As in Lucas, we conclude that McIntosh did not preclude a directed verdict based on the open and obvious doctrine. It modified the doctrine to the extent that trial courts must analyze the facts on a case-by-case basis. Therefore, the open and obvious doctrine has not been eliminated in this Commonwealth, rather, McIntosh created an exception that is simply stated: even if a condition on a premises owners’ property is open and obvious, the owner will not be absolved from liability if it was foreseeable that the plaintiff would be distracted and not observe or appreciate the danger.

When a motion for summary judgment or directed verdict is made by the owner, the question becomes whether there is a material issue of fact regarding the foreseeability of the plaintiff’s injury. Absent a material issue of fact upon which a fact-finder could reasonably find that the injury was foreseeable, the open and obvious doctrine precludes recovery. Otherwise, it is a question of fact and the application of comparative fault.

In this case, Teresa fell when she stepped on eroded blacktop in proximity to a drain covered by a grate. Such imperfections are so common that they should be anticipated and observed by an invitee and, absent special aspects of the pothole or foreseeable distraction, the premises owner has no liability. As stated by the Michigan Court when presented similar facts:

[P]otholes in pavement are an “everyday occurrence” that ordinarily should be observed by a reasonably prudent person. Accordingly, in light of plaintiff’s failure to show special aspects of the pothole at issue, it did not pose an unreasonable risk to her.

Lugo v. Ameritech Corp., Inc., 464 Mich. 512, 523, 629 N.W.2d 384, 389 (2001).

The photographs and testimony indicate that the pothole was several feet from any parked car, under a well-lit canopy, not uncommonly deep or shielded from view, and located near a drainage grate. It had no special aspects that would pose an unreasonable danger to an observant invitee but was an erosion of the surface, a common condition in parking lots. Teresa admitted that the pothole was not concealed: she simply failed to observe the pothole.

The Grubbs argue that because Smith and other Speedway employees did not notice the pothole prior to Teresa’s fall, it could not have been open and obvious. We disagree. The standard is an objective one and not dependent on whether the employees noticed the pothole. Although Teresa was not obligated to look directly at her feet with each step taken, in the exercise of ordinary care for her own safety, she was required to observe the surface of the parking lot. Humbert v. Audubon Country Club, 313 S.W.2d 405, 407 (Ky. 1958).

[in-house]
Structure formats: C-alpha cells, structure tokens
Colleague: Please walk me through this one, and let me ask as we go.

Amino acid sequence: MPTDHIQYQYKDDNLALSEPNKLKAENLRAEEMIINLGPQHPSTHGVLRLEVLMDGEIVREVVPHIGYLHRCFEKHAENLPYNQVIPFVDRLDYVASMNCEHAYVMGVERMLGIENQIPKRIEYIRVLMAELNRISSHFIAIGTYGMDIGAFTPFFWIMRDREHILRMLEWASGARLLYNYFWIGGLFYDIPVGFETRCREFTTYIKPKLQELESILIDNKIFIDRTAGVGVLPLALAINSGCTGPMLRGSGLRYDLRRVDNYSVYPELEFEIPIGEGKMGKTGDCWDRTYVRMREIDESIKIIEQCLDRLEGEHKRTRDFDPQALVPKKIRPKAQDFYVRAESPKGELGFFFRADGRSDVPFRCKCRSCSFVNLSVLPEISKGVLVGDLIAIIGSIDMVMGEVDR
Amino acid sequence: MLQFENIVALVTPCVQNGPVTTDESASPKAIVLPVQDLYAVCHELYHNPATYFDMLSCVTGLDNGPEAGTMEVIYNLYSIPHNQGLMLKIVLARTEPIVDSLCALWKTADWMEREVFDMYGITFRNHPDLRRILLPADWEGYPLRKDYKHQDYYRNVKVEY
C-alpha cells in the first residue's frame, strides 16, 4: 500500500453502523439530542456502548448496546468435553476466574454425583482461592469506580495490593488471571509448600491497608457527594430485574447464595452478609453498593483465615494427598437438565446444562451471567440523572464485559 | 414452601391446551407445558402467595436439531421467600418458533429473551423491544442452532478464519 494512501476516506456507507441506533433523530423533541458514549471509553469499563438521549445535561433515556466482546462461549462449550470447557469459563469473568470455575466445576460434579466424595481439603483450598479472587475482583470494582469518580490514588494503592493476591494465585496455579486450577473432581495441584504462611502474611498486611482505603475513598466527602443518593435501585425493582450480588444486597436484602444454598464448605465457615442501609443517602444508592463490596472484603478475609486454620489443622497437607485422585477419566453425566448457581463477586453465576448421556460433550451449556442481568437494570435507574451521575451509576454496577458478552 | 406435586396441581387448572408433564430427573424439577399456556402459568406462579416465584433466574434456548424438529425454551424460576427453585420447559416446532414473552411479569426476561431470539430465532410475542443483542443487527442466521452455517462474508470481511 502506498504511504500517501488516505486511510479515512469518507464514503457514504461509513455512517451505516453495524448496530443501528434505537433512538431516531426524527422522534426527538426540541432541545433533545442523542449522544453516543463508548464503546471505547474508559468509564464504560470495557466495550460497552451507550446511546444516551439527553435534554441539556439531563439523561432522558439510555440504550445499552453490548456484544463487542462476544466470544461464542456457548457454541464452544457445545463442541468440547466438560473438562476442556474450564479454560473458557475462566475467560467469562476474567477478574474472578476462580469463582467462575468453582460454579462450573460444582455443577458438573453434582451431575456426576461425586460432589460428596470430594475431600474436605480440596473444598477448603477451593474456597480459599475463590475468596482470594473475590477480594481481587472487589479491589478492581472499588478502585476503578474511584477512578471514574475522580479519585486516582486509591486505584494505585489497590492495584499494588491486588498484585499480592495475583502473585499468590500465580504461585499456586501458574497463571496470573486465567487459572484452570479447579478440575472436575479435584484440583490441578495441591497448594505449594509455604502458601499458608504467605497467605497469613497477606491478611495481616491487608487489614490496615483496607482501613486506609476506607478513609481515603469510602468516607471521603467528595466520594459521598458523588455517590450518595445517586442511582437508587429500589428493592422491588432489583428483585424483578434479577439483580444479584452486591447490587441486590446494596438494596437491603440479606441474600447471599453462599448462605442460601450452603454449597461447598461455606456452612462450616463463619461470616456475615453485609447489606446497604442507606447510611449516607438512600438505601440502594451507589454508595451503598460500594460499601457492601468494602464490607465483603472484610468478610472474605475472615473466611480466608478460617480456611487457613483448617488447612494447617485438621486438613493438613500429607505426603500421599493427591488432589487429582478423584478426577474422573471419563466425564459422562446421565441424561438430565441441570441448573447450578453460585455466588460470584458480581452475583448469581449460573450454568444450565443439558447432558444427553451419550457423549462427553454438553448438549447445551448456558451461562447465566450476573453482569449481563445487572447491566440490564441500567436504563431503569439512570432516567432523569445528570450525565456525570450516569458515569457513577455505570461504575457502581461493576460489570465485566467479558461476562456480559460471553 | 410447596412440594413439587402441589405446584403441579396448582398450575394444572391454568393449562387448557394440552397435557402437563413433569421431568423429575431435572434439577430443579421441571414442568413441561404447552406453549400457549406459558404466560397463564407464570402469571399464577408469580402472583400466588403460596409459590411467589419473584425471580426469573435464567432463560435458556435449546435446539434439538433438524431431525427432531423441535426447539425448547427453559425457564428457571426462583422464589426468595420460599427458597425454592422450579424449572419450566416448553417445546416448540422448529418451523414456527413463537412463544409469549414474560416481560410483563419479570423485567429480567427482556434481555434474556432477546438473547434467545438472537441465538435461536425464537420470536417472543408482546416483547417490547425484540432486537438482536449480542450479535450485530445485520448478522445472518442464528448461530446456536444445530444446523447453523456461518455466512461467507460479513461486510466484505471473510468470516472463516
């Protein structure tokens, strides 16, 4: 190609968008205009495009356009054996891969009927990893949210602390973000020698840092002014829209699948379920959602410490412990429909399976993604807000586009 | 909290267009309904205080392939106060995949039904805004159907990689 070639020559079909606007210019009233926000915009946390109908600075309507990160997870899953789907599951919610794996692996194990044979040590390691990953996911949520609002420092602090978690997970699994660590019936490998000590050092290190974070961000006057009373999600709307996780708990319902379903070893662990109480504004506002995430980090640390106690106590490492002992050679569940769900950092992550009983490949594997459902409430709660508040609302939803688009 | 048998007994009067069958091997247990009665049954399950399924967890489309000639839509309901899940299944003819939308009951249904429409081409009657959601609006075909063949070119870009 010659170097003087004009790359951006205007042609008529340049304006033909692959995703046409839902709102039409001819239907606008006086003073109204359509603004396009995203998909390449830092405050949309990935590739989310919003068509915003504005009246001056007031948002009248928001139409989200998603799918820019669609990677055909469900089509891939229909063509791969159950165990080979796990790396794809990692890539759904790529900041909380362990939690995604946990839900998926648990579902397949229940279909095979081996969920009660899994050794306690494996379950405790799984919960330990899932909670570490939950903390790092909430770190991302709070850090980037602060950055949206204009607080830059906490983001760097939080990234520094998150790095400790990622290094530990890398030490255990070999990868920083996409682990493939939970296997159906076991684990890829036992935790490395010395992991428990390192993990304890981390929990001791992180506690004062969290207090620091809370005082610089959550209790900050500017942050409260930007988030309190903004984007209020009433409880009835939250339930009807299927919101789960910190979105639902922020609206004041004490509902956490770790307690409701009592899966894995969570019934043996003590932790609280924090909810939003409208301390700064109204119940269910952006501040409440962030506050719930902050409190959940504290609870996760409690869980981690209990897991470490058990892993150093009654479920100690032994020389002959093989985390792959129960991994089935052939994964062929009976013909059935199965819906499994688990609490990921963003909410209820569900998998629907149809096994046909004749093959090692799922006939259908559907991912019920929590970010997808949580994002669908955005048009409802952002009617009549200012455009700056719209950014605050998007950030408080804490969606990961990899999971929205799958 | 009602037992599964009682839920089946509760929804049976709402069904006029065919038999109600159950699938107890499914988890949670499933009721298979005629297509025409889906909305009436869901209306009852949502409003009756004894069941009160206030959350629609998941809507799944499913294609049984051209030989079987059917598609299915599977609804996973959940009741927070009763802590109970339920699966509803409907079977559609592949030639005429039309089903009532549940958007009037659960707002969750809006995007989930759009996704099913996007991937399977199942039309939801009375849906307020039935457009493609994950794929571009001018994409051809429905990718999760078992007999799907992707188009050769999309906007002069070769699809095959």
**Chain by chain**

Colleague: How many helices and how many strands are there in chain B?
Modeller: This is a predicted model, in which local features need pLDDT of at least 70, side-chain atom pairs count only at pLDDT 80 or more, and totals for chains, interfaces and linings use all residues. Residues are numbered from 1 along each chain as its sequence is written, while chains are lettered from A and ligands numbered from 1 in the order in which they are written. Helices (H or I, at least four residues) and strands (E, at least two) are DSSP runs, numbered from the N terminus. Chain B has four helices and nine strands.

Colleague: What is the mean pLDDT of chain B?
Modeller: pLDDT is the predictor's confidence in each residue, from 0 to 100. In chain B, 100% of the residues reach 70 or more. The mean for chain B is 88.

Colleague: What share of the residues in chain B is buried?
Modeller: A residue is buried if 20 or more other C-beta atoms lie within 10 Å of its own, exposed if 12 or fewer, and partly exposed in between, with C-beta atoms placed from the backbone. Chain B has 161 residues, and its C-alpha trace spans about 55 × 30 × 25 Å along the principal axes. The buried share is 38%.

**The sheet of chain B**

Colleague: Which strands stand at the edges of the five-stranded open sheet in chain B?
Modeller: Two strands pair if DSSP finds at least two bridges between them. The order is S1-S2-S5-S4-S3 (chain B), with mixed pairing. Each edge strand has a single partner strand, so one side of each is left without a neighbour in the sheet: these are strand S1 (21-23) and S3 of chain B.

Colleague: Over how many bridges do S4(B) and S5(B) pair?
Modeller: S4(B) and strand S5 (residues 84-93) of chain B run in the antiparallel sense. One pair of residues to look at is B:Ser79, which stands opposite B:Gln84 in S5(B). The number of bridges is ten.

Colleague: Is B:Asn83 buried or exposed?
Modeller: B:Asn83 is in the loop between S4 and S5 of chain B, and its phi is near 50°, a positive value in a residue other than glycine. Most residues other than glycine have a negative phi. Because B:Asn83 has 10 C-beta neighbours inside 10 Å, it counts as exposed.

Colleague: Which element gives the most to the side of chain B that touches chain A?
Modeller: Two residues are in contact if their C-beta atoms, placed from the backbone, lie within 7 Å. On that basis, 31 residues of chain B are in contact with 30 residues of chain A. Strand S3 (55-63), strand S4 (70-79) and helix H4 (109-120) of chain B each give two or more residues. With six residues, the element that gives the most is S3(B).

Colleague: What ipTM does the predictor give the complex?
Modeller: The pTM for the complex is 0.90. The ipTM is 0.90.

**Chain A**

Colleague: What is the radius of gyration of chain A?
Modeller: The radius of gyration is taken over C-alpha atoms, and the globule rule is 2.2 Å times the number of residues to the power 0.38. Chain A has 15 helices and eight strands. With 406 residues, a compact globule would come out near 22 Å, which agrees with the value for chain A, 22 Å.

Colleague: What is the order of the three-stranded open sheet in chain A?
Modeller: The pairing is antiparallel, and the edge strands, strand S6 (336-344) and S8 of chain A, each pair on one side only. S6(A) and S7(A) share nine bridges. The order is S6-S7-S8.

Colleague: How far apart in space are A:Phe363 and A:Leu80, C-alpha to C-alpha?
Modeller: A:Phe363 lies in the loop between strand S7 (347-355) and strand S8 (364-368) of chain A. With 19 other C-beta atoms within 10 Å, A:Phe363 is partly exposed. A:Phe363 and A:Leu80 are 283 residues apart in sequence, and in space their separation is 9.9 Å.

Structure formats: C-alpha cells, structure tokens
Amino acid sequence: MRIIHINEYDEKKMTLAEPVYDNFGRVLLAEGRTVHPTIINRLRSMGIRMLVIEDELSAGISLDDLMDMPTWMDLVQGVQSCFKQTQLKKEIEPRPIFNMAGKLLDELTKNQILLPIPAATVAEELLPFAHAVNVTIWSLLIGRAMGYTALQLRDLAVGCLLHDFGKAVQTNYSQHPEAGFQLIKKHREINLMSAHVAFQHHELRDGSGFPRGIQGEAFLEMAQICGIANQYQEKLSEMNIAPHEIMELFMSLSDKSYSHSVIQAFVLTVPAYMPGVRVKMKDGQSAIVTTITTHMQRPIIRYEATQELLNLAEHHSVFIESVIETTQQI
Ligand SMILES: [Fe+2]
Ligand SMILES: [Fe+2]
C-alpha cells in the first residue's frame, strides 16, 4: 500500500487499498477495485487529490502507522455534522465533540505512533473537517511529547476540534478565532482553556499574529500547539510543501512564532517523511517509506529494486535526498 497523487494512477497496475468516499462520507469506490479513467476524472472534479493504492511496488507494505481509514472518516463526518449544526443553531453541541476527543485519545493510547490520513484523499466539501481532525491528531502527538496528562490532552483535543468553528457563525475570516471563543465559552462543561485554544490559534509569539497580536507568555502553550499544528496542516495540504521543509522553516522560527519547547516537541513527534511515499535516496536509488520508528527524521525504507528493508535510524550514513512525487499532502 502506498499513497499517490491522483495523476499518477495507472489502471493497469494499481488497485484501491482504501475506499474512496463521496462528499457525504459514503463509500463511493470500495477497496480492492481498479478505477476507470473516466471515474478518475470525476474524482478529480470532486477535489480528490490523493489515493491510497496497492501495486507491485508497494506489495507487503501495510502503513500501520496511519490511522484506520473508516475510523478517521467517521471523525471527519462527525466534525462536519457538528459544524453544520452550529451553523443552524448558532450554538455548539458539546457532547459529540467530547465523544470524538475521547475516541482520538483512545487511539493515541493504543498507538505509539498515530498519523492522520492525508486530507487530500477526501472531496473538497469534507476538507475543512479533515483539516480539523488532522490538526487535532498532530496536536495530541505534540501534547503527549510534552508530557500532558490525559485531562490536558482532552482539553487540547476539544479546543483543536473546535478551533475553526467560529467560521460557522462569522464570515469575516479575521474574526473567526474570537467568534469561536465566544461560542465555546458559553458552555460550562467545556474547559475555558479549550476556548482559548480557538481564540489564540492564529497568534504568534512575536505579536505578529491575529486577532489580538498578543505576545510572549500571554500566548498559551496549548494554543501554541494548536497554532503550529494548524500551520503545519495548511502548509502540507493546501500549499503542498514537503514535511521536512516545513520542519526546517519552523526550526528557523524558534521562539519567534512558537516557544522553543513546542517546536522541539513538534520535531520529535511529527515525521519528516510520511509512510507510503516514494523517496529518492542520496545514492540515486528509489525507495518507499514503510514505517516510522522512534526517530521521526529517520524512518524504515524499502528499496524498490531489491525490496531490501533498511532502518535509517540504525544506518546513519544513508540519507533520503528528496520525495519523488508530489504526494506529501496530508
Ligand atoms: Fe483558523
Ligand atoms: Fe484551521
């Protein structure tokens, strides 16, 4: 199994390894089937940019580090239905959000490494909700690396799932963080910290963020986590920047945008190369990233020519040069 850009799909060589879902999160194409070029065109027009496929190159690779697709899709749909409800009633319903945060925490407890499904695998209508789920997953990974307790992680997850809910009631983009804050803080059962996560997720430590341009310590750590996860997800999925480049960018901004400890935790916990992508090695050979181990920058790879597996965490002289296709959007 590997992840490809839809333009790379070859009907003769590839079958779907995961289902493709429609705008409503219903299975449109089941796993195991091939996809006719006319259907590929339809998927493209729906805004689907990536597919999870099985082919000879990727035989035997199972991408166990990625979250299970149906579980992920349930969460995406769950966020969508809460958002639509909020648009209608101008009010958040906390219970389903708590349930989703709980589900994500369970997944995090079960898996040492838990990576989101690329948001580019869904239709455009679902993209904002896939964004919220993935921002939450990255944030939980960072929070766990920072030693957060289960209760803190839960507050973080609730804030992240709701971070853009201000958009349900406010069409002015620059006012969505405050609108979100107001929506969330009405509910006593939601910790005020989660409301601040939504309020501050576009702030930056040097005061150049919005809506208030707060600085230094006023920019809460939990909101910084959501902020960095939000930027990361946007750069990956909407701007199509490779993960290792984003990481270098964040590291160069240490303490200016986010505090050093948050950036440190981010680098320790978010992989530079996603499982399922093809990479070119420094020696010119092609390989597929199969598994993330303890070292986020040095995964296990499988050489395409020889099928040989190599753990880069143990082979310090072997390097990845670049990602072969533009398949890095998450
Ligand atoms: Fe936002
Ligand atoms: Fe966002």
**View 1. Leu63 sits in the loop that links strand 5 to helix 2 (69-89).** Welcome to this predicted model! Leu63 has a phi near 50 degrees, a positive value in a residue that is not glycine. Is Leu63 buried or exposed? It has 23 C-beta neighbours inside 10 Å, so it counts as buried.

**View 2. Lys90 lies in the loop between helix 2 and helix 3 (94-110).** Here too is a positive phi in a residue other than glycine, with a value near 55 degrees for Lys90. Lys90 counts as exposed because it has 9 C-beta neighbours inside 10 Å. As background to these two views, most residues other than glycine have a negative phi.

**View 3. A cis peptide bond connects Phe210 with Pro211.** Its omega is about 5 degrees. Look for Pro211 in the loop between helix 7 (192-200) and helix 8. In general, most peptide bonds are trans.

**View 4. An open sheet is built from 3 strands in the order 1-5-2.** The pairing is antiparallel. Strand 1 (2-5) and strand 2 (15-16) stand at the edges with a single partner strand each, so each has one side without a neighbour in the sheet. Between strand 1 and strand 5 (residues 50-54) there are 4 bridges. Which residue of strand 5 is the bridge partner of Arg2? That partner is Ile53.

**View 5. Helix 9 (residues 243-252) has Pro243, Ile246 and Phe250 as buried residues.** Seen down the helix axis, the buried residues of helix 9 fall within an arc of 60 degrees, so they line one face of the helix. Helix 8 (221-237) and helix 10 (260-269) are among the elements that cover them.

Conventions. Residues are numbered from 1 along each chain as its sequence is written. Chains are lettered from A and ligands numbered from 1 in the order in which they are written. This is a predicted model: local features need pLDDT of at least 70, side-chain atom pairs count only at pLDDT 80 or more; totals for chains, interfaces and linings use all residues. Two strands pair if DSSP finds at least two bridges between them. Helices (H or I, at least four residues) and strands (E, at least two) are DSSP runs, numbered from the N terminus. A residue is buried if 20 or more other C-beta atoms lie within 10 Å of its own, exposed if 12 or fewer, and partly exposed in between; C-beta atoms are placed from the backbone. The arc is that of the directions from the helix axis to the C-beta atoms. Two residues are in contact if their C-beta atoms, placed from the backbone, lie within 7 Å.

Under the undisputed facts, the exception to the rule that a premises owner is not liable to injured invitees for open and obvious conditions on its premises is not applicable. There is no evidence that Speedway knew or should have known that an invitee on its premises would blindly walk through its parking lot oblivious to common imperfections. The pothole was only a danger to the unwary. Hamlet, 13 S.W.2d at 1052-1053. Therefore, the trial court erred as a matter of law when it denied Speedway’s motion for a directed verdict.

 

Medical Negligence Statute of Limitations not tolled for continuous course of treatment (Litsey v. Allen, COA, Pub., 6/1/2012)

Retired (and Senior Judge) Joseph Lambert’s decisions are almost always a breath of fresh air in succinctness, analysis, and lack of extraneous issues.  In the following decision, Senior Judge Lambert addressed the applicability of the tolling provision to medical malpractice cases arising from the “continuous course of treatment.”  In this case, the patient had alleged inappropriate sexual advances by her treating physician during the putative tolling period, and claimed that the Xanax prescriptions impaired her ability to exercise proper judgment about her course of treatment and his misconduct.  As stated by the COA —

However, in her deposition, Litsey testified that she had “no doubt” that Dr. Allen’s conduct was inappropriate at the time she left his office on August 27, 2007. Although Litsey continued to have her prescriptions renewed by Dr. Allen after that date, she does not allege that she was relying on him to correct the consequences of poor treatment. This is not a case for the continuous course of treatment doctrine, and there was no tolling of the statute of limitations.

485. STATUTES OF LIMITATION.  MEDICAL NEGLIGENCE (CONTINUOUS TREATMENT AND TOLLING ADDRESSED)
LITSEY (DEVON)
VS.
ALLEN (JACK), ET AL.
OPINION AFFIRMING
LAMBERT (PRESIDING JUDGE)
DIXON (CONCURS) AND VANMETER (CONCURS)
2010-CA-001777-MR
TO BE PUBLISHED
JEFFERSON

LAMBERT, SENIOR JUDGE: Devon Litsey appeals from a summary judgment of the Jefferson Circuit Court dismissing her claims against Jack Allen, M.D., his medical practice Gray & Allen, P.S.C. (collectively, “Dr. Allen”) and his insurance carrier, State Farm Fire and Casualty Company (State Farm). Litsey argues that the trial court erred by holding that her claims for malpractice and intentional infliction of emotional distress were barred by the one-year statute of limitations in KRS 413.140(1)(e). We agree with the trial court’s conclusion that Litsey’s claim for malpractice was not tolled following her last visit with Dr. Allen, and that her claim for intentional infliction of emotional distress was subject to the one-year limitation period.